It was my privilege to be involved in three different church-plantings during my time as a missionary. I sometimes wish I could have had a lifetime of church planting. In reality, as a young missionary, it is all I ever wanted to do. But the path for me was destined to be different. Now, 46 years after beginning missionary service in Africa, my heart’s desire is to see churches be “born right” so that they can learn to stand and walk on their own two feet – even from the very beginning.

It is all about assumptions

I learned a long time ago that the assumptions we make are a very powerful driving force at the center of our lives. As one reflects on the important matter of sustainability in the Christian movement, getting those assumptions right from the beginning is critically important.

What happens if we do not get the assumptions right from the beginning? It is likely that those assumptions will color the thinking of the people we are trying to reach. When we introduce a distorted view of how things are, others might begin to accept them as being normal.

Imagine what would happen if those presenting the Christian gospel began with the assumption that, when people come to Christ, they do not expect to receive handouts from those who preach the Gospel. Should one give them the impression that they cannot be rightly aligned with God unless someone gives them material assistance?3

A good example of these conditions would be the church in China in the 19th century. Missionaries began and carried on their work with a series of assumptions which included the following: Churches can become self-supporting, self-governing and self-propagating from the very beginning. Reflect for a moment on the simplicity and long-term implications of that short series of assumptions. How did those assumptions pay off in the long run? Within a hundred years, through no fault of their own, the missionaries were forced out of China and local believers were left with those principles, which came to be known as the “three-selfs.” The result is that the million believers they left behind in 1951 grew to a hundred million or more over the next 50 years. Consider for a moment what would have happened if those missionaries had begun with a different series of assumptions.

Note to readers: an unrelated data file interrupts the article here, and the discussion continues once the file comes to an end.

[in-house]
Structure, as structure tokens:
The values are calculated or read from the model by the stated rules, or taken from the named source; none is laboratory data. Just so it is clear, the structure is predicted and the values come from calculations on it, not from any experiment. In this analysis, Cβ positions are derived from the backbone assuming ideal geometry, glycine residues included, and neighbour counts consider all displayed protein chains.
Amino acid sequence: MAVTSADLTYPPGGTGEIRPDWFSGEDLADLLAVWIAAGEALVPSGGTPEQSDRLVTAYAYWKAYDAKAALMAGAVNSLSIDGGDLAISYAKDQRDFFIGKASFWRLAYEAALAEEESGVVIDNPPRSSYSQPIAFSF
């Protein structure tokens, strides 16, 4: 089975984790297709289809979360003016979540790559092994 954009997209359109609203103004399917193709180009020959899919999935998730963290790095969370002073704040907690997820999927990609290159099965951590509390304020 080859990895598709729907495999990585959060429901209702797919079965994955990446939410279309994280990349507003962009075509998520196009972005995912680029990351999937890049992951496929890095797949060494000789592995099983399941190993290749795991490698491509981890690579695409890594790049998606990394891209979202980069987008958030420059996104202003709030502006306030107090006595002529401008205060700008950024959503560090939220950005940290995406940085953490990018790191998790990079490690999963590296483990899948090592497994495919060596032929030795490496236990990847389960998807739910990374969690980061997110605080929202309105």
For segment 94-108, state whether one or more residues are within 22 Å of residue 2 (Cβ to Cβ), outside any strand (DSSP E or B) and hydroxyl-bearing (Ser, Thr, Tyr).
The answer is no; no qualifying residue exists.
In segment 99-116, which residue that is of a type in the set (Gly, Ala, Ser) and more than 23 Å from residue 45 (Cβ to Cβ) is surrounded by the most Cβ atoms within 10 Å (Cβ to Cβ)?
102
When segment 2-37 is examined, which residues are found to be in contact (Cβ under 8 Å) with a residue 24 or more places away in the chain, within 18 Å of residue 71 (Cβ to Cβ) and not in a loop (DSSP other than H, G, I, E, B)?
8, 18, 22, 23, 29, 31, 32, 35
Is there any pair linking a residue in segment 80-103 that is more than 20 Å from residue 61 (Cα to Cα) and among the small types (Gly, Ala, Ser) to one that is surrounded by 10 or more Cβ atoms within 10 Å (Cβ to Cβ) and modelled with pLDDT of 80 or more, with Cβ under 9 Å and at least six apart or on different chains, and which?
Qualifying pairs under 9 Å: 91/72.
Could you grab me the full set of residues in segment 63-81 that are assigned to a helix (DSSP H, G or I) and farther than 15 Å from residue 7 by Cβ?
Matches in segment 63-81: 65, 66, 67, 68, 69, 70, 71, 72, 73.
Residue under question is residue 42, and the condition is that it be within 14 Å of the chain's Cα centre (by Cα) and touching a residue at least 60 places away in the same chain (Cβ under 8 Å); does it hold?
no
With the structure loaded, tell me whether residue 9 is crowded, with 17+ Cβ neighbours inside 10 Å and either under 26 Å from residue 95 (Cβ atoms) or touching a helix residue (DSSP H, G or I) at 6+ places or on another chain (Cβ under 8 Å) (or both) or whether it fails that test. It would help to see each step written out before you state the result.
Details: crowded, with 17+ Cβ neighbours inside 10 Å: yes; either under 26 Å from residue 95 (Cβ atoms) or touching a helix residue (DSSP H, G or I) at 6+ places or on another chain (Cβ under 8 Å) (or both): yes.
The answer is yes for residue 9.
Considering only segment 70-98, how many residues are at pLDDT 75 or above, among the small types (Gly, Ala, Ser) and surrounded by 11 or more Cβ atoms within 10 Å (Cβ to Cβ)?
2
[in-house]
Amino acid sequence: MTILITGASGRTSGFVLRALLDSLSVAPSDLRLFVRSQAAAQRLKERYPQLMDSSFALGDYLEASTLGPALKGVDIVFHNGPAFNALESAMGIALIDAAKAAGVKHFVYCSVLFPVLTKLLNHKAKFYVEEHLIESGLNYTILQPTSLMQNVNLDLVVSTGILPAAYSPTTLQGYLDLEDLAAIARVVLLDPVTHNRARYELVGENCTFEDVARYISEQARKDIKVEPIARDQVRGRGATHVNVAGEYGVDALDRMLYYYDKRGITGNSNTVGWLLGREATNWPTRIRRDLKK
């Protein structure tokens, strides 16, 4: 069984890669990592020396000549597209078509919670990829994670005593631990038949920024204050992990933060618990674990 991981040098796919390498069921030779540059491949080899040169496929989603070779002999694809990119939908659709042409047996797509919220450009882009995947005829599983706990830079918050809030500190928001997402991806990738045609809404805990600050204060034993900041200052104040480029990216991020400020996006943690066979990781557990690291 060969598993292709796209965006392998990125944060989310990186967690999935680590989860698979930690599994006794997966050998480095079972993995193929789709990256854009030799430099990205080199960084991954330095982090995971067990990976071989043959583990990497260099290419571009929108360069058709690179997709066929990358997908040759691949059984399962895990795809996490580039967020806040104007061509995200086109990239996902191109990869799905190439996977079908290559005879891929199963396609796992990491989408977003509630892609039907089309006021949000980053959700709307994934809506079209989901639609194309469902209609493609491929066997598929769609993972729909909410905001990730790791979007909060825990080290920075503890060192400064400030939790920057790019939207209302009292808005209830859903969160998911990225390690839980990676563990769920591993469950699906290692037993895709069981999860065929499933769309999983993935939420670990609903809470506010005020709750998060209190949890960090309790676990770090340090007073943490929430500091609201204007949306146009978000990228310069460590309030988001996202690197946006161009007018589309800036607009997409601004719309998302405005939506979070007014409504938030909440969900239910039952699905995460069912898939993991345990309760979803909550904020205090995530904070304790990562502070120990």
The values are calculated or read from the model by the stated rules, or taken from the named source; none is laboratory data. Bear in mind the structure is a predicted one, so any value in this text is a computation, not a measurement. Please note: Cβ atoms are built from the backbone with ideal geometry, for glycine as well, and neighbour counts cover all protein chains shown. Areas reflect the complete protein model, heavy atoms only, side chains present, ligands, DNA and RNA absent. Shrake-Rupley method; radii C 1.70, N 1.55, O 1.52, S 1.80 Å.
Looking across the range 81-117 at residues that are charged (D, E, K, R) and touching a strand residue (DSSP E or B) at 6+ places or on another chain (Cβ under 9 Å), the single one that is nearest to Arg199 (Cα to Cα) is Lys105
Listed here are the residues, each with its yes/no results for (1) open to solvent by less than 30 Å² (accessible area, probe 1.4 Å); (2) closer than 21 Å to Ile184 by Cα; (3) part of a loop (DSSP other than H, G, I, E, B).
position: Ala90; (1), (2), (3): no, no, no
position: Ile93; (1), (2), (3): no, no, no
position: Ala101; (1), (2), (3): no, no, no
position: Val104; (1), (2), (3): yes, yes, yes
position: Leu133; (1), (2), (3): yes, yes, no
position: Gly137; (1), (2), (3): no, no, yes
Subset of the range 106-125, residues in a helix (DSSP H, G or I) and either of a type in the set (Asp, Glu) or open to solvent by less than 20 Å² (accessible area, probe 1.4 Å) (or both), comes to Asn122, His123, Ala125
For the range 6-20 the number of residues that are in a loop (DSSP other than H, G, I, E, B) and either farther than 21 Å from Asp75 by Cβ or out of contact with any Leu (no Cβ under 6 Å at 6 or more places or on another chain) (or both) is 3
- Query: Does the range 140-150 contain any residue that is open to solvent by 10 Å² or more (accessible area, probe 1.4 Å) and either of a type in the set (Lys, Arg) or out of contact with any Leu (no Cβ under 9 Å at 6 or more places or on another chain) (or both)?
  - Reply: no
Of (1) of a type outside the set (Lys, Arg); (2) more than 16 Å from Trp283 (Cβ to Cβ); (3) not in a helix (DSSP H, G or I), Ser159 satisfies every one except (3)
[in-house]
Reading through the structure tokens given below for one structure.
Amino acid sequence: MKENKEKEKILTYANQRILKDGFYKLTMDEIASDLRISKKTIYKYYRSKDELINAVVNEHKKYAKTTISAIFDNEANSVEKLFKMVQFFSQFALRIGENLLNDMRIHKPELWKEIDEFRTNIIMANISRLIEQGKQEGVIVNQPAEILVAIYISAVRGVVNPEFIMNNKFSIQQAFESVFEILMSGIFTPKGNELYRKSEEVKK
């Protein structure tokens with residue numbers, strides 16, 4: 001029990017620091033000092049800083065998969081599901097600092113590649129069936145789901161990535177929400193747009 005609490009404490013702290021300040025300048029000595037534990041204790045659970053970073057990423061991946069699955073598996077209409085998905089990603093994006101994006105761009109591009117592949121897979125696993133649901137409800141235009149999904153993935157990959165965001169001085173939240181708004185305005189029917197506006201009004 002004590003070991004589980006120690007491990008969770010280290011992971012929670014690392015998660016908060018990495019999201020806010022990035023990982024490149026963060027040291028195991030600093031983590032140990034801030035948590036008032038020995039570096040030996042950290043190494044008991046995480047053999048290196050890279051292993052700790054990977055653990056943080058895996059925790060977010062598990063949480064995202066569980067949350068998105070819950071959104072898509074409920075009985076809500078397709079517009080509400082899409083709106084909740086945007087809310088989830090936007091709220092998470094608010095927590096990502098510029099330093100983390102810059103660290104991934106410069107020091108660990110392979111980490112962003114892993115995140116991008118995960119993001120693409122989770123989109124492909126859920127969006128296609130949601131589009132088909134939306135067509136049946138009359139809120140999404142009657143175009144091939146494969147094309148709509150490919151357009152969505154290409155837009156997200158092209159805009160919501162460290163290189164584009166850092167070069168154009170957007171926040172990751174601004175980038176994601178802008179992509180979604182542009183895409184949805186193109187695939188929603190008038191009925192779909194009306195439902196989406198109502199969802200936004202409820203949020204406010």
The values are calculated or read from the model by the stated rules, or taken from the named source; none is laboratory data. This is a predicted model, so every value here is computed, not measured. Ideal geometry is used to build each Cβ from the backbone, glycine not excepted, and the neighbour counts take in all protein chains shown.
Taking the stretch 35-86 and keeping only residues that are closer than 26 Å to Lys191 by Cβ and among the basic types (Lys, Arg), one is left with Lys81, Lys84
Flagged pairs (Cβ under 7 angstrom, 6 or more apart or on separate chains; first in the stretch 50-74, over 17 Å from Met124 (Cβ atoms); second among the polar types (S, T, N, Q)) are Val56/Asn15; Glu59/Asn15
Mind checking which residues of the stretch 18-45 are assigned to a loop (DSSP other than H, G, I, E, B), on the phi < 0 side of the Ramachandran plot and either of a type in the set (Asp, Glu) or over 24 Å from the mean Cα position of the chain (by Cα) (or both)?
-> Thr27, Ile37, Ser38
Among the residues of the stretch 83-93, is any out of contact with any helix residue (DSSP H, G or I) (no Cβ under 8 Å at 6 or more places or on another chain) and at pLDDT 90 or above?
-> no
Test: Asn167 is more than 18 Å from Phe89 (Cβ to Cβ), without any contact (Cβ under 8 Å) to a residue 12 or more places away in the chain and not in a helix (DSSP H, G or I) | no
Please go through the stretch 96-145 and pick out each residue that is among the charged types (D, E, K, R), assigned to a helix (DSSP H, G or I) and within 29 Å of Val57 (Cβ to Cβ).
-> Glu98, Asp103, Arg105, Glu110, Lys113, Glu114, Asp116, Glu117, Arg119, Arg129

Where do faulty assumptions lead?

One recently-published book on mission giving4 says the opposite of what I am saying here. That book begins with the assumption that westerners are wealthy, and that if we want to cure poverty in the rest of the world, we simply need to mobilize a massive “Marshall Plan” of missions giving that will redistribute money to the rest of the world. The book advocates raising funds in large amounts with the purpose of paying pastors and evangelists to do the work of God with outside resources, not those of the people among whom those pastors and evangelists live and work. The writer also concludes that such a massive amount of funds be given with no strings attached! Presumably if local pastors and evangelists choose to enrich themselves while their people remain less well off, that is no concern of those providing the funding.